The Mars Express of the European Space Agency (ESA) shares findings on Martian moon Phobos’ solar wind interaction through a series of fake and real flybys. The backscattering of energetic particles in the Earth’s moon is also expected at Phobos, considering their similarities. Although Mars Express has already come close to Phobos several times, it had just seen the backscattering once in 2008. However, ESA researchers reported the second solar wind particles detection at Phobos during the moon’s flyby in January 2016.
Yoshifumi Futaana from the Swedish Institute of Space Physics (IRF), who is also the lead author for the paper on the 2016 flyby, noted that the relationship between Phobos and the solar wind had been an enigma. Futaana expresses the researchers’ excitement to see the signs of the reflected particles at Phobos. He questions whether the reflection comes from Phobos or Mars Express.
The fake flybys
Fake flybys are special operations performed by researchers with the spacecraft in 2017. Futaana’s co-author Mats Holmstrom describes this as a laboratory experiment conducted at Mars. The flybys allowed researchers to explore Mars Express’ influence on a solar wind in a controlled environment.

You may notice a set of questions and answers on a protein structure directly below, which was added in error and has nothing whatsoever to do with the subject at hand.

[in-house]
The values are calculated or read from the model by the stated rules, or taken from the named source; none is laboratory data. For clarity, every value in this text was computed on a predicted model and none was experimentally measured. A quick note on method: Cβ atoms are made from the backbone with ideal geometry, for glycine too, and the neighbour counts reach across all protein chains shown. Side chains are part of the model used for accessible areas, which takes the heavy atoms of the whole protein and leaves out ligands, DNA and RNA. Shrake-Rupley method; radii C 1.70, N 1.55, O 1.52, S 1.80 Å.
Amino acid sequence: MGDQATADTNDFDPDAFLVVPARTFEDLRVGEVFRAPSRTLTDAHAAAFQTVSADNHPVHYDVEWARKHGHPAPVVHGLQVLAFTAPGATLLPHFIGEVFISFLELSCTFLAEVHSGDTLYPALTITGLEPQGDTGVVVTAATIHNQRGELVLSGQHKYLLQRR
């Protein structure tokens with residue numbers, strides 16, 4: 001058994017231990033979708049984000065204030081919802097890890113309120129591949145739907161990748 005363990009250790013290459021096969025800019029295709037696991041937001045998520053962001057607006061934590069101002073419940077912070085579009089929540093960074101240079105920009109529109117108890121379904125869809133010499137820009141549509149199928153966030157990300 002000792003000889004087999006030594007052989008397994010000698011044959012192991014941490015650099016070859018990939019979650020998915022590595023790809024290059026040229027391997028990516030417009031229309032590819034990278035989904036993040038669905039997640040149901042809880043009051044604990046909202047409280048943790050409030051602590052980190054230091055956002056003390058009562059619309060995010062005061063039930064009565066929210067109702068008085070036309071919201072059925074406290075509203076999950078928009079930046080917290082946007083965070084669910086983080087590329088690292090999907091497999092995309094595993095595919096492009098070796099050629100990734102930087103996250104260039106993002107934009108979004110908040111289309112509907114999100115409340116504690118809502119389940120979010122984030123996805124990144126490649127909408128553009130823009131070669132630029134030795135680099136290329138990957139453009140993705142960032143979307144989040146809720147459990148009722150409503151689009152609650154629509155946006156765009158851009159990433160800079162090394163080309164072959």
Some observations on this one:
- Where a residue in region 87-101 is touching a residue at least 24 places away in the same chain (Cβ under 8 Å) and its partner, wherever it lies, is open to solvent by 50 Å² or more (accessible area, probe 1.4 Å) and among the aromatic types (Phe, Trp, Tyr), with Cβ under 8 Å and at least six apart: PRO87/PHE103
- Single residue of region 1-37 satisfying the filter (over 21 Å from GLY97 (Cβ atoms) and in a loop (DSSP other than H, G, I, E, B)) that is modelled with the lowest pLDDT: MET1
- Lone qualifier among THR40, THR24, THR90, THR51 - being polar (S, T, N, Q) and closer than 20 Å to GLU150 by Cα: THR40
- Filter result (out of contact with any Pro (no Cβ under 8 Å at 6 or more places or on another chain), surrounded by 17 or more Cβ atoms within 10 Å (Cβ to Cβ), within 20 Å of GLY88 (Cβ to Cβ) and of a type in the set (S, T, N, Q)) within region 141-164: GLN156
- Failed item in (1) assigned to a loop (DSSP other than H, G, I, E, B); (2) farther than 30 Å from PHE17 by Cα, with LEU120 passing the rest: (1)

The researchers were also able to observe the solar wind interaction of Phobos. The experiment showed no signs of particle production or scattering. This suggests that the detected particles into space during the flybys in 2008 and 2016 were reflected by Phobos and not from Mars Express.
Phobos, one of the three moons in the Solar System, has always been an interest amongst the space exploration community. ESA and the Japanese Space Agency collaborated for the latter’s Martian Moons eXploration (MMX). Their mission was to explore Phobos’ origin, behavior, environment, and evolution.
ESA also aimed to identify whether the moons are debris in orbit or asteroids captured by the gravity of Mars. Aside from that, they plan to explore space to understand better the importance of charged particles’ behavior in space exploration.
YouTube: Mars Express flyby as seen from Phobos (Animation)
Photo credit: The images are owned by European Space Agency and have been provided for press usage.